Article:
Hamilton’s death was not according to plan, however. Neither Burr nor Hamilton expected to walk away as the last man standing. They both intended to simply wound—to make a statement with a bullet—rather than kill. The resulting public humiliation forced Burr to flee to Georgia, which proved to be a saving grace for our fledgling nation. A conspiracy was afoot for the northeastern region of New England to secede from the rest of the country, with Burr as president. Hightailing it to the south destroyed those plans. You could say that Hamilton’s death, albeit accidental, saved the entire nation in its fragile infancy.1 

The political salvation obtained by Hamilton’s blood pales in comparison, however, to the spiritual salvation purchased by the blood of Jesus Christ, whose grim death also saved an entire nation—the nation of God’s people. Jesus of Nazareth achingly ascended the hill of Golgotha, bloodied and bruised from Roman whips, but He had not come to duel. He came to end the greatest duel of all: the war between God and man. As Jesus drank the whole cup of God’s wrath against sinners, the sound from the cross was not a gunshot, but a piercing cry of anguish: “My God, my God, why have you forsaken me?” (Matthew 27:46). And His death was not an accident; it was according to God’s plan. “Yet it was the will of the LORD to crush him,” said Isaiah the prophet (Isaiah 53:10).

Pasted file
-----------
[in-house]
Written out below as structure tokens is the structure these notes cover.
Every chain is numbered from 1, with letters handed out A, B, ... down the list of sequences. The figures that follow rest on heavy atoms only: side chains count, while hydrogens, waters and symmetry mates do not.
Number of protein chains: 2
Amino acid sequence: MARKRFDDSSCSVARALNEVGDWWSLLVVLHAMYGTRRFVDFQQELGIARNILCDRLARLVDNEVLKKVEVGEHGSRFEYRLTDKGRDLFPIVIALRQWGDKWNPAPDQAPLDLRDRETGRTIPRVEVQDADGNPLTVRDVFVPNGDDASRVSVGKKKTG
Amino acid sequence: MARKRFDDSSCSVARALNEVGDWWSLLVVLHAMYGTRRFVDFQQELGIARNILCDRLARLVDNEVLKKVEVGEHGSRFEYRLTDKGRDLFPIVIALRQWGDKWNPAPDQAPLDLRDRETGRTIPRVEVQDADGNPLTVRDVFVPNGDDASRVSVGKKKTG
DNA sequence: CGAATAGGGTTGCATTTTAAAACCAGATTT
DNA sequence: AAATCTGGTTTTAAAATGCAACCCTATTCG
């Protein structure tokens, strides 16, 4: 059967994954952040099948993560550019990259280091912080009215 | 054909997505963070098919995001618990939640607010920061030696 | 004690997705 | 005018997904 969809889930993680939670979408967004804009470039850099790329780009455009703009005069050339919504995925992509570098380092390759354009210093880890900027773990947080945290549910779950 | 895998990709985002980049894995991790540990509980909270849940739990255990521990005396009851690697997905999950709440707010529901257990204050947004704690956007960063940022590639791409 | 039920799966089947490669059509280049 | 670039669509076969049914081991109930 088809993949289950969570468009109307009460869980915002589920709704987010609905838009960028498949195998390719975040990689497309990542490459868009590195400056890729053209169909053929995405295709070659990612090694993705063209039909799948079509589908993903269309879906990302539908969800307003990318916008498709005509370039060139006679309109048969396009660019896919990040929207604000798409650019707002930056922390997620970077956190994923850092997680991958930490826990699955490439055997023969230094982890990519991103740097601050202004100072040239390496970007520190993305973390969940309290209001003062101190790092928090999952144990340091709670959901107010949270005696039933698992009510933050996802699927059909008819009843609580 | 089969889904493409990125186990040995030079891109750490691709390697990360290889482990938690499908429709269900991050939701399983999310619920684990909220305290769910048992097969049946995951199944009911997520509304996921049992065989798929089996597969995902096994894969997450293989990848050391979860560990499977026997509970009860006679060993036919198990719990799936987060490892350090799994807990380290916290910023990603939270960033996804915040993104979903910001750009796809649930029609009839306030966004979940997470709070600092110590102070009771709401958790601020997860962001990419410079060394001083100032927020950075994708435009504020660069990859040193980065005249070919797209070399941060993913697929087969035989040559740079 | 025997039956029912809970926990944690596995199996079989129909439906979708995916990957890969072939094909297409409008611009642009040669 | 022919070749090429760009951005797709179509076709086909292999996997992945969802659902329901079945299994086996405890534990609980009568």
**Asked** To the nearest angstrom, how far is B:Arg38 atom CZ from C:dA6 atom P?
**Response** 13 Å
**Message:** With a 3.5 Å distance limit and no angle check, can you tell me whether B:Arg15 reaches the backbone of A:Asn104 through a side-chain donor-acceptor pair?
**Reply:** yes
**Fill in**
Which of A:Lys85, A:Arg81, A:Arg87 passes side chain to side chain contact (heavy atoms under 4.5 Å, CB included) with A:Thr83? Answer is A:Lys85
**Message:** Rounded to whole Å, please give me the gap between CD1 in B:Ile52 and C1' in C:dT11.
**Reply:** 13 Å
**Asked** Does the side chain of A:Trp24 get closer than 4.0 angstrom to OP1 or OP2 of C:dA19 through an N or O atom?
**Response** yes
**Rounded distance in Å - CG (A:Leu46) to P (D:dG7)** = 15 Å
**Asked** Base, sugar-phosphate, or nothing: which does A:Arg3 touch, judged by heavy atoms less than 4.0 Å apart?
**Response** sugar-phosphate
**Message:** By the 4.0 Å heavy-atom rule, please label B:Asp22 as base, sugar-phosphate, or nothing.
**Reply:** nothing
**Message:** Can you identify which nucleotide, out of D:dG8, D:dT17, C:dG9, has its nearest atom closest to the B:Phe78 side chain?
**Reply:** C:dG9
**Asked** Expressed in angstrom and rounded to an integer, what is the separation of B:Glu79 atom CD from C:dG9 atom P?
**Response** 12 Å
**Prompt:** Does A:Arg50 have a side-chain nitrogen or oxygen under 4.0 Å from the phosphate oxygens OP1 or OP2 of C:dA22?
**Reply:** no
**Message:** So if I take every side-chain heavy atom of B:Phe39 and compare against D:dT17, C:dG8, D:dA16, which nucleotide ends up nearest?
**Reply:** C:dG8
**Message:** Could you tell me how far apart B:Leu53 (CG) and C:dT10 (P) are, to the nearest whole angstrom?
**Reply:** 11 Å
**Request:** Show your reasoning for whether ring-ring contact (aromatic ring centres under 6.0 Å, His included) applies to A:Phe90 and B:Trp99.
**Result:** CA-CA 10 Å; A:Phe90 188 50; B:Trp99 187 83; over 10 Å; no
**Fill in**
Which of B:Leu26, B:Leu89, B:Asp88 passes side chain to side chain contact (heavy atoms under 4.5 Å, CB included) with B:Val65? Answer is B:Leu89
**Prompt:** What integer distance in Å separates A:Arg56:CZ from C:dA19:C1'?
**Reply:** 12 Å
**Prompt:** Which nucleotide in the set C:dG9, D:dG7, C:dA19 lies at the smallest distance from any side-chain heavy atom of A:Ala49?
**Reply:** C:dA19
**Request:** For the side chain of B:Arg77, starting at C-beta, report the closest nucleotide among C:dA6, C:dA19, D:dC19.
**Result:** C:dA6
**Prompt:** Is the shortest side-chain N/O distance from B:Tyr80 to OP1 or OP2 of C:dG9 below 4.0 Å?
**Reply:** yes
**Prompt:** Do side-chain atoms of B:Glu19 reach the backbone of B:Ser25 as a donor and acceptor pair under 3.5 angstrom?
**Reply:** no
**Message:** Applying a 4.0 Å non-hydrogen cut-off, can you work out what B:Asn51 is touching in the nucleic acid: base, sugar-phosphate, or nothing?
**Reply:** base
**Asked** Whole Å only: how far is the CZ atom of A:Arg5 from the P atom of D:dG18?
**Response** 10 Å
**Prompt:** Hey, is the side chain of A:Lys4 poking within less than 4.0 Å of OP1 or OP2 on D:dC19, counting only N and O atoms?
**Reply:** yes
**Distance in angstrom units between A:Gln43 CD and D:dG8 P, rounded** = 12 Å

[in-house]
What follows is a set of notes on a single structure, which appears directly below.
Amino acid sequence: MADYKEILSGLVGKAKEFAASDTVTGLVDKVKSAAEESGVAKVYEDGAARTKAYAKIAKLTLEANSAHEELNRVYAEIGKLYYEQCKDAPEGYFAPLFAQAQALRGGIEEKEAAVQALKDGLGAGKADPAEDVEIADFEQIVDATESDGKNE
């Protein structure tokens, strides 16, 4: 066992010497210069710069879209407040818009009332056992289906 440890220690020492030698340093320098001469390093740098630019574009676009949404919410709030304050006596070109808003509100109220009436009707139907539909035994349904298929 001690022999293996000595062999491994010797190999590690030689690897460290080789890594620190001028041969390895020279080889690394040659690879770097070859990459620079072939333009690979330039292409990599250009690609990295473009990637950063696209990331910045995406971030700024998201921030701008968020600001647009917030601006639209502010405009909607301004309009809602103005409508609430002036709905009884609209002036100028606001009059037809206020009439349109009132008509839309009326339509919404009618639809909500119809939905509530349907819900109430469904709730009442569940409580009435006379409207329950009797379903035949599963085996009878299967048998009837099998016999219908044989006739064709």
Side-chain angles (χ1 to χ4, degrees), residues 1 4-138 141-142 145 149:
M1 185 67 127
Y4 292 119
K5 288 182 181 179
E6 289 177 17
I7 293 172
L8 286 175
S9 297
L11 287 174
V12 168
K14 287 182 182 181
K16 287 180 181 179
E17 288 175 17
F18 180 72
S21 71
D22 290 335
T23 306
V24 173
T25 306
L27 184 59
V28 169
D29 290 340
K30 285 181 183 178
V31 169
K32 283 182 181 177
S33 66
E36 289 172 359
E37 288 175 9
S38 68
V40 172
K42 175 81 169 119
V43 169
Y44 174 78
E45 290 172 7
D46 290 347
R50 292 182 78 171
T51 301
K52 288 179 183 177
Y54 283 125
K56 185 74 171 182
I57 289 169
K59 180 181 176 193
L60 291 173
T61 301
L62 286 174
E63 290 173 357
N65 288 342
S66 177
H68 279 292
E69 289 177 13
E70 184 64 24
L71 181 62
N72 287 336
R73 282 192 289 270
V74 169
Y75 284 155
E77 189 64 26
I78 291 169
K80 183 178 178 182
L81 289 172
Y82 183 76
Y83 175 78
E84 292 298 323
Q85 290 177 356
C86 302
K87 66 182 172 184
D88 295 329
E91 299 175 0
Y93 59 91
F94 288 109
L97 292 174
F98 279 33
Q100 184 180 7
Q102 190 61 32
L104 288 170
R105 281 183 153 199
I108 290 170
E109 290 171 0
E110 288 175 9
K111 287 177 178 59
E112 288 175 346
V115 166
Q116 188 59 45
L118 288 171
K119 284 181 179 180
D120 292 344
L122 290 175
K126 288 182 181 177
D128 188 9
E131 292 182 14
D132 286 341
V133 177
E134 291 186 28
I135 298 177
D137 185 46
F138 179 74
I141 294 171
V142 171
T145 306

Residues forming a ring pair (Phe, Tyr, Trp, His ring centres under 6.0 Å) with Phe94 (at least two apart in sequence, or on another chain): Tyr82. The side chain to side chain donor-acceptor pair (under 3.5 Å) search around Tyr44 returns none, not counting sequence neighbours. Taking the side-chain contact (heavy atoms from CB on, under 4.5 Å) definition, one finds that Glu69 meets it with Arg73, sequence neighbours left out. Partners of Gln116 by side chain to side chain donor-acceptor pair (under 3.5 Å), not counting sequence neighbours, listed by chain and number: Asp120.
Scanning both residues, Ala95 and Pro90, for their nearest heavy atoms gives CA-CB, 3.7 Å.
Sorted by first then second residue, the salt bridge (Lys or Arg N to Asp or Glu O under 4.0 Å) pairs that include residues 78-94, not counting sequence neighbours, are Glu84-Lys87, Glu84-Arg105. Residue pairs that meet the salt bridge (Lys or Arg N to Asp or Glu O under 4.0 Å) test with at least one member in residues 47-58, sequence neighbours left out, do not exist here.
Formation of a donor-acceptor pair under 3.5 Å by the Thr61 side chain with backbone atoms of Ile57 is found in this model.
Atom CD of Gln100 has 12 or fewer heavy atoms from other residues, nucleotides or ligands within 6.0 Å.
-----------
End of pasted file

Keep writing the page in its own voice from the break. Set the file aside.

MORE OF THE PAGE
Although Burr’s story ended in humiliation, the story of Jesus Christ did not. God raised Him from the dead, exalting Him at His right hand (Acts 2:32-33). We are saved, then, not only by His humiliation on the cross, but by His exaltation from the tomb. As Paul perfectly stated,

“Since, therefore, we have now been justified by his blood, much more shall we be saved by him from the wrath of God. For if while we were enemies we were reconciled to God by the death of his Son, much more, now that we are reconciled, shall we be saved by his life” (Romans 5:9-10).

The duel is over if you have believed in Christ for your eternal salvation. The fight died when Christ died; now you are God’s friend.

  1. No one narrates the famous story of Hamilton vs. Burr like Joseph J. Ellis in Founding Brothers (New York: Random House, Inc., 2000).

Bible Gleanings is a weekend devotional column, written for the Murray Ledger & Times in Calloway County, Kentucky. In the event that the column is not posted online, it is be posted for reading here.

Brandon is the founder and main contributor to Brandon’s Desk, the blog with biblical resources from his ministry. He is proud to be the pastor of the family of believers at Locust Grove Baptist Church in Murray, Kentucky. He and his wife Dakota live there with their three dogs, Susie (Jack Russell), Aries (English Shepherd), and Dot (Beagle).

Nothing But Wax | Bible Gleanings – Sept 4-5, 2021

I stood beside Jackie Chan. I took a selfie with Nicholas Cage. I was in a room with Adam Sandler, Angelina Jolie, and all the big-name celebrities. They had all assembled at the Hollywood Wax Museum in Pigeon Forge. They had, in fact, been assembled by professional wax artists who shaped and fashioned them to appear as real people.

It’s remarkable how much they look like real actors. However, they are dead despite the fact that they appear to be alive. They’re made of wax, not flesh. They are devoid of a beating heart and a rational mind. Sometimes, what appears to be alive may actually be dead.